Some Muslims are beginning to emerge in more prominent positions in the media and in politics. A Muslim woman, Fatimah Houda-Pepin, was elected to the Quebec National Assembly in 1994, and now sits as the Liberal Opposition’s critic on Culture. Azhar ‘Ali Khan and Harun Siddiqi have served as editors of two major newspapers, the Ottawa Citizen and the Torono Star. (But in 1995, a Liberal candidate for the provincial legislature in Ontario, who was a Muslim, had his party status revoked because of remarks about Christians and homosexuals in a small book he had written). Canada’s multi-faith television channel, Vision TV, regularly has two half-hour weekly programmes hosted by Sadi‘ah Zaman. There are many distinguished Muslims in the field of higher education including the University of Waterloo’s Prof. Elmasry in Electrical/Computer Engineering Department.

IV. Muslims in Canadian Life: Perception and Problems
    How do Muslims find their life in Canada? Ahmad Yousuf studied the Muslim Community in the Ottawa region and found that their ‘comfort level was fairly high; most reported that they liked Canada as a place to live. When asked about the ‘life-style’ issues they found most troubling, they listed three: the media, the acceptability of premarital sex and the difficulty of finding a suitable marriage partner in Canada. When the media issue was probed, the respondents indicated that it was not only negative portrayals of Muslims in the media, it was also the alcohol commercials and the casual sex depicted on TV. In the early 1970s, there was considerable stereotyping of ‘Pakis’ or immigrants from Pakistan. But as Prof. Sheila McDunough of Concordia University in Montreal reports the overriding concern for Muslims in Canada is the ‘unfair or inaccurate stereotyping of their culture’.6 In Montreal, in 1994, a Muslim girl was expelled from a private school for wearing a ‘headscarf’ or Hijab. She appealed to the Human Rights Commission and won. But there remains a problem here.
    Canada unlike the American ‘melting pot’, thinks of itself as a ‘cultural mosaic’. But this view is often challenged by English Canadians as well as French Canadians who want it ‘their way or no way’. Many newspapers will have letters to the editors complaining about recent immigrants who don’t conform to the writers’ version of ‘being Canadian’. But Canada is, on the whole, a rather tolerant society – or at least one that is more suspicious of the ‘melting pot’ mentality – where, Eleanor Grant reports, that Muslims seldom experience overt hostility. The problems of cross-religious and cross-cultural harmony are nonetheless real but often more subtle.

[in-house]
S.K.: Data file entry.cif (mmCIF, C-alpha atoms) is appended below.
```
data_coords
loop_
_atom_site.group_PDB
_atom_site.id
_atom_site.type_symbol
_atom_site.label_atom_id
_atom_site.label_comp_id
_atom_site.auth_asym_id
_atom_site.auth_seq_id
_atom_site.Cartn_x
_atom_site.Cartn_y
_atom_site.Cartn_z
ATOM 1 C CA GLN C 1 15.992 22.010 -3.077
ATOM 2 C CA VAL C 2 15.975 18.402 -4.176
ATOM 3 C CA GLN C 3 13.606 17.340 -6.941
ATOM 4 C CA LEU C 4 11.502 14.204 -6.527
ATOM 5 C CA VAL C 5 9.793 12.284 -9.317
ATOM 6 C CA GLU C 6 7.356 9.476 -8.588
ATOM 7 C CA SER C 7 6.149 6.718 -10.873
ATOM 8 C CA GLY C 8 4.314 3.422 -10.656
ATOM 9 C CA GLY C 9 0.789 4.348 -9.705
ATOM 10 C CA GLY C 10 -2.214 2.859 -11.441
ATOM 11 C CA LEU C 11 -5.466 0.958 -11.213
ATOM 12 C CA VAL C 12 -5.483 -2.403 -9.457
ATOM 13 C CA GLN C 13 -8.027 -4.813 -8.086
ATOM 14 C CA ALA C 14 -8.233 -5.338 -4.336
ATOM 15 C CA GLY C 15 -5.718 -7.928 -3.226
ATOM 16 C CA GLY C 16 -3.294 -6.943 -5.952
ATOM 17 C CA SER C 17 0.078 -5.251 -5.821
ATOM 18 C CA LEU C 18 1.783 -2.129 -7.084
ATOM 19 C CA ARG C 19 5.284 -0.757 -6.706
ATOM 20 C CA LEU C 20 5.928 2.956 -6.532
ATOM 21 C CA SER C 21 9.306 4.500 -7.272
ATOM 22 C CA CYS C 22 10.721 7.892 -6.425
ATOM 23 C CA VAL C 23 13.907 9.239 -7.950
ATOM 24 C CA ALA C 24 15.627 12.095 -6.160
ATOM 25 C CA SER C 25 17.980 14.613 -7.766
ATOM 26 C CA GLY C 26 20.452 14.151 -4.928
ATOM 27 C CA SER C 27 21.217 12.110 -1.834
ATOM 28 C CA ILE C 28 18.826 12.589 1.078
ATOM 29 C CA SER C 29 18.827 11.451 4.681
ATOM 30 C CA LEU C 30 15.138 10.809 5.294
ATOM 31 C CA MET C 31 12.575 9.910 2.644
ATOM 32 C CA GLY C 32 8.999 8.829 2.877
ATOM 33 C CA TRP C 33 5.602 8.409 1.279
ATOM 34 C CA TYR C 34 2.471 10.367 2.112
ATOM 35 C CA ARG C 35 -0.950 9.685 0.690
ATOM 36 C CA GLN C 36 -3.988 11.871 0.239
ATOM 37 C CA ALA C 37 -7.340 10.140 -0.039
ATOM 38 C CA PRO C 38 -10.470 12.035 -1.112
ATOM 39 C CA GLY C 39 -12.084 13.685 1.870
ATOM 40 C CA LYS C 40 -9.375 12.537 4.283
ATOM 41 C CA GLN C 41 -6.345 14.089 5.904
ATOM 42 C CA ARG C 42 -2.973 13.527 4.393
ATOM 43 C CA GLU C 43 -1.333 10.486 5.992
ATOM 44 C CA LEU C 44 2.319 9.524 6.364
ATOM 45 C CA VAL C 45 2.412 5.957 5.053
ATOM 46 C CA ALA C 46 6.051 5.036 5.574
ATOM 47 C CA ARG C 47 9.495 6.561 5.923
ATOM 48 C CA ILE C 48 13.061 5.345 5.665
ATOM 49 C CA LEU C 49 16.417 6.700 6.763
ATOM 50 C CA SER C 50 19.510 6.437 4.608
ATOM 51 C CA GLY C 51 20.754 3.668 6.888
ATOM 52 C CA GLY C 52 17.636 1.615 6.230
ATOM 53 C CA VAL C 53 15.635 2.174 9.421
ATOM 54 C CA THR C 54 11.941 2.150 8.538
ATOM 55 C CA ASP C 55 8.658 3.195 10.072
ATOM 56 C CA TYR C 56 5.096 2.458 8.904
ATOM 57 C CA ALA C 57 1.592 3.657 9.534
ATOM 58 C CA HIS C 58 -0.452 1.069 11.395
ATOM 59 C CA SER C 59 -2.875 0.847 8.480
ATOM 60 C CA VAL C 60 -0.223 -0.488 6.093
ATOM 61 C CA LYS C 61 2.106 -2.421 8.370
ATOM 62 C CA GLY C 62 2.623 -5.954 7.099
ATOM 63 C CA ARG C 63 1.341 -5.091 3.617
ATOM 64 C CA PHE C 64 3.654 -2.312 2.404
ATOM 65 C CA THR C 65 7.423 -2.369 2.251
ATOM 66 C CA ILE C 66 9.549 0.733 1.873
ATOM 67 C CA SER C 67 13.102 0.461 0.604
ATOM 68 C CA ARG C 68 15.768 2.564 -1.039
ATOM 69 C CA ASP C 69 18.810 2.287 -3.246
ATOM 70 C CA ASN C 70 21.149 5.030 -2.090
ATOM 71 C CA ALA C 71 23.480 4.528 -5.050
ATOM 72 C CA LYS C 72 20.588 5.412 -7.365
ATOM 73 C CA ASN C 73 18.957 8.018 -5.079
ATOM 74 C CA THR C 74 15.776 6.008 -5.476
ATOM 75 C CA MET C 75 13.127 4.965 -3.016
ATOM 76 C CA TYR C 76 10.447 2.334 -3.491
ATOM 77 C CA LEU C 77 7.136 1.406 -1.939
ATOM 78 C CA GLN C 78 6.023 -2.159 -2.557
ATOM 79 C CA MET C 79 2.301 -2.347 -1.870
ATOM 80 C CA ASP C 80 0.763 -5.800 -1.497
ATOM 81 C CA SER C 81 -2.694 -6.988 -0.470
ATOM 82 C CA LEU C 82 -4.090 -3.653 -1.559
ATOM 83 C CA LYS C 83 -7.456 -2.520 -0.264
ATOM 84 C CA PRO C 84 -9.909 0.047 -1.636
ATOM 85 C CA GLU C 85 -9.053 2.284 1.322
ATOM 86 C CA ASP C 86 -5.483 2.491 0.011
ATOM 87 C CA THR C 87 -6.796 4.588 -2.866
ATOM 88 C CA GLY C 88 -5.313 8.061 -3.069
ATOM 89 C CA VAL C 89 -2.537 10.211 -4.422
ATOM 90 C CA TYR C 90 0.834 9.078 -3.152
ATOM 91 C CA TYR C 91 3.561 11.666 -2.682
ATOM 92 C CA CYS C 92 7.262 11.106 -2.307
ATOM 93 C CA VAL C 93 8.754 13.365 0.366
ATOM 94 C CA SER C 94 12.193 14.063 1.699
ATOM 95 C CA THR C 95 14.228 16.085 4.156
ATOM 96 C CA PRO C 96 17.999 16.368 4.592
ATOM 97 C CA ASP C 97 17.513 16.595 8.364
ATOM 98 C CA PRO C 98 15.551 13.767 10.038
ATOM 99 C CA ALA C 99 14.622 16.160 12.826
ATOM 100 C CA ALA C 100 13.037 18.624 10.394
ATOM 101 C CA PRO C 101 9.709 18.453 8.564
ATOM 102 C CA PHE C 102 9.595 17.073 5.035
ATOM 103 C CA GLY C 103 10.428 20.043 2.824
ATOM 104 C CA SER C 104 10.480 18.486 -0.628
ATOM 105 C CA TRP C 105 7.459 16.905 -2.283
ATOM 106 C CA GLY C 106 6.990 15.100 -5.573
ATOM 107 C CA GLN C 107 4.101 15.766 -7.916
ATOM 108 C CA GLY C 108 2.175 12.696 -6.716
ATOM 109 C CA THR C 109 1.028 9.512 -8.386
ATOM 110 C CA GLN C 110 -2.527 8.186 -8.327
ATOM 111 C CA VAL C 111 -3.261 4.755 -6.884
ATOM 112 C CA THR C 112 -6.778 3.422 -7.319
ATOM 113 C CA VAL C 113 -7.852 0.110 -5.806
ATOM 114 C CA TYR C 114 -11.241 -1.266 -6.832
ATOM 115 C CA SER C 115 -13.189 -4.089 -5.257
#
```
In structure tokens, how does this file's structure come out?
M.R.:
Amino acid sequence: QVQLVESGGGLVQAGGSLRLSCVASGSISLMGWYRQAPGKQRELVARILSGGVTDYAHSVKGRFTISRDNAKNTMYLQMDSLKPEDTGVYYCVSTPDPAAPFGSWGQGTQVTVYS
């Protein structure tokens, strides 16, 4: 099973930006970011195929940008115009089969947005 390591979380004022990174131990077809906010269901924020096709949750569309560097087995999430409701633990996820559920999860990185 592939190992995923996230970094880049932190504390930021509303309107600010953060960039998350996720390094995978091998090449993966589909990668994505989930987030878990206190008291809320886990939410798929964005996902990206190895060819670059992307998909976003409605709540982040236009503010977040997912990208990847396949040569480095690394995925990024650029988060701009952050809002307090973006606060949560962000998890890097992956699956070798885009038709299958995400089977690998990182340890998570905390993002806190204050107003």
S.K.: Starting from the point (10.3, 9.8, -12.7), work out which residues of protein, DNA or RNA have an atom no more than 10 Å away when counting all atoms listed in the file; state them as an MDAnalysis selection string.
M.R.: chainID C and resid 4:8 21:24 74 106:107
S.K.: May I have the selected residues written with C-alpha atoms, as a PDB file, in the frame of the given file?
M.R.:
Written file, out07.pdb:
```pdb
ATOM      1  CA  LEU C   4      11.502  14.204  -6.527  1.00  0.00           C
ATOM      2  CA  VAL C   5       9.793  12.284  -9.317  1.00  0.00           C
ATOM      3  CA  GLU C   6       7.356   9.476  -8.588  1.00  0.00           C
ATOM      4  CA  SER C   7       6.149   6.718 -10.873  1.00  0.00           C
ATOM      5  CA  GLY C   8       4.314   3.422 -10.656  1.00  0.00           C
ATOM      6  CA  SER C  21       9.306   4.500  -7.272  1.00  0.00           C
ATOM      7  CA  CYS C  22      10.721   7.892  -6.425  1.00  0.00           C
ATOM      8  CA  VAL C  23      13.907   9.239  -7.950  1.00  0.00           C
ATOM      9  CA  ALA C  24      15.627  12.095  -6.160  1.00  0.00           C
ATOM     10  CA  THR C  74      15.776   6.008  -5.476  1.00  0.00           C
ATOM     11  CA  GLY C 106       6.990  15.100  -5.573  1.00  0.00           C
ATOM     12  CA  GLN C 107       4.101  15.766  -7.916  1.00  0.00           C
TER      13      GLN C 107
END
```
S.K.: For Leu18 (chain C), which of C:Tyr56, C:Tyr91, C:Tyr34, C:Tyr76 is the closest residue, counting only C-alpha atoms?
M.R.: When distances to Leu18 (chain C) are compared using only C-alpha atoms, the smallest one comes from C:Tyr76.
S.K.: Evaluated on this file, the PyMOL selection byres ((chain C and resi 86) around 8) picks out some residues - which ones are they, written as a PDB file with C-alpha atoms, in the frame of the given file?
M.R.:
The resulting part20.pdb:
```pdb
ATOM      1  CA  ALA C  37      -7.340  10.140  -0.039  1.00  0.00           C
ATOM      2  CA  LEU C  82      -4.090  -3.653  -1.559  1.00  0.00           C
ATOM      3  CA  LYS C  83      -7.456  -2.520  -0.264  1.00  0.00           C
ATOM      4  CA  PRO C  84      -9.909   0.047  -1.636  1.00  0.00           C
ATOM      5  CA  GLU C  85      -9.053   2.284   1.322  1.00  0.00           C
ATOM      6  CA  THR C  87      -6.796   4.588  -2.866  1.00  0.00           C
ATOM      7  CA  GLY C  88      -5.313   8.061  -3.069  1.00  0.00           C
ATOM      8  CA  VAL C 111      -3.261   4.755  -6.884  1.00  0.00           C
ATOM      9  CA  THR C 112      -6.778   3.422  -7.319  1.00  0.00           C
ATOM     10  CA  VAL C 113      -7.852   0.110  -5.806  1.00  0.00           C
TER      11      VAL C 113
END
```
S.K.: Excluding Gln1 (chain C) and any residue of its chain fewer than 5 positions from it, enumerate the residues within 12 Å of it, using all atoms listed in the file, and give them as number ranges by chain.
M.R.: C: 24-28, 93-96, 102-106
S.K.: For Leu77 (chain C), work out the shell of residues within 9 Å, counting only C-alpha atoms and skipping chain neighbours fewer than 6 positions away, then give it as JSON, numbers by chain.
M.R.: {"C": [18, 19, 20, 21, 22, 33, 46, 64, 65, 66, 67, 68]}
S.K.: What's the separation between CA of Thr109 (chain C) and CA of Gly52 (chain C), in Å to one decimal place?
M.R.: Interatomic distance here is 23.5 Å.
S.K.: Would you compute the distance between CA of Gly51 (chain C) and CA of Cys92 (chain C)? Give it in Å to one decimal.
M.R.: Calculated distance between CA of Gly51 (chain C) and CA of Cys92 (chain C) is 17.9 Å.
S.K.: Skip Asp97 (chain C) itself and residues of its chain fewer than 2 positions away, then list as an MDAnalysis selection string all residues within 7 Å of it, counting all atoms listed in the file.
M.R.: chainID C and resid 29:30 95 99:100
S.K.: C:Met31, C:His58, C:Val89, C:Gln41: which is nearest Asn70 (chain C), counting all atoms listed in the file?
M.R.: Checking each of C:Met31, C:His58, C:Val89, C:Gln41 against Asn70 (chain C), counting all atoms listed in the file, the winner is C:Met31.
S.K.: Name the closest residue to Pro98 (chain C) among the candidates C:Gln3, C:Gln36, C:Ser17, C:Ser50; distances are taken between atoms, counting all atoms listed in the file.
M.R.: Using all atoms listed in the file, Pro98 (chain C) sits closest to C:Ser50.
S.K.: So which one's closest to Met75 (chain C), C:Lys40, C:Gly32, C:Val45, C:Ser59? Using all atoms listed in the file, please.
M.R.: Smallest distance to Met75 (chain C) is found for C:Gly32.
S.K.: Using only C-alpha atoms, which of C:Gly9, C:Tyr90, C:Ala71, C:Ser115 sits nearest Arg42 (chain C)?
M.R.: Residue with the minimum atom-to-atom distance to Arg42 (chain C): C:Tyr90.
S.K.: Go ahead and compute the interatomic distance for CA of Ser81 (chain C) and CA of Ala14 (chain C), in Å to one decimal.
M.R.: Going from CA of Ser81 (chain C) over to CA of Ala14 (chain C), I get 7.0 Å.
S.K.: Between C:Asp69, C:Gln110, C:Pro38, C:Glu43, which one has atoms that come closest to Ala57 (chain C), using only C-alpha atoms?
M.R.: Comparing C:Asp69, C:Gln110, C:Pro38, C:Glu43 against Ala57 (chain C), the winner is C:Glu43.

A less subtle issue is racism, especially in recent years in relation to Somali Muslims. But here the issue is race rather than religion. This is also an issue that Muslims are facing within their community. One writer wrote in The Message that intra-Muslim brother and sisterhood broke down when it came to interracial marriage in the Muslim community. Some issues arise from contact with other movements/currents in Canadian life. For example the women’s movement. Eleanor Grant observes that ‘it is an unfortunate and inescapable fact, that Muslim communities in Canada are doing a poor job of dealing with inter-ethnic tensions, parent-youth tensions and the frustrations of women’.
    In the province of Manitoba, ‘Abdu’l-Wahid Mustafa has contended that Muslim students encounter problems in the public school system arising from faulty images of Islam and textbooks that assume Christianity a normative. In other places one hears that Muslims are often confused by what they see as a ‘Christian’ society that is so lax morally and seemingly approving of destructive trends – alcohol consumption and the free mixing of boys and girls – in society.

V. Muslim-Christian Relations in Canada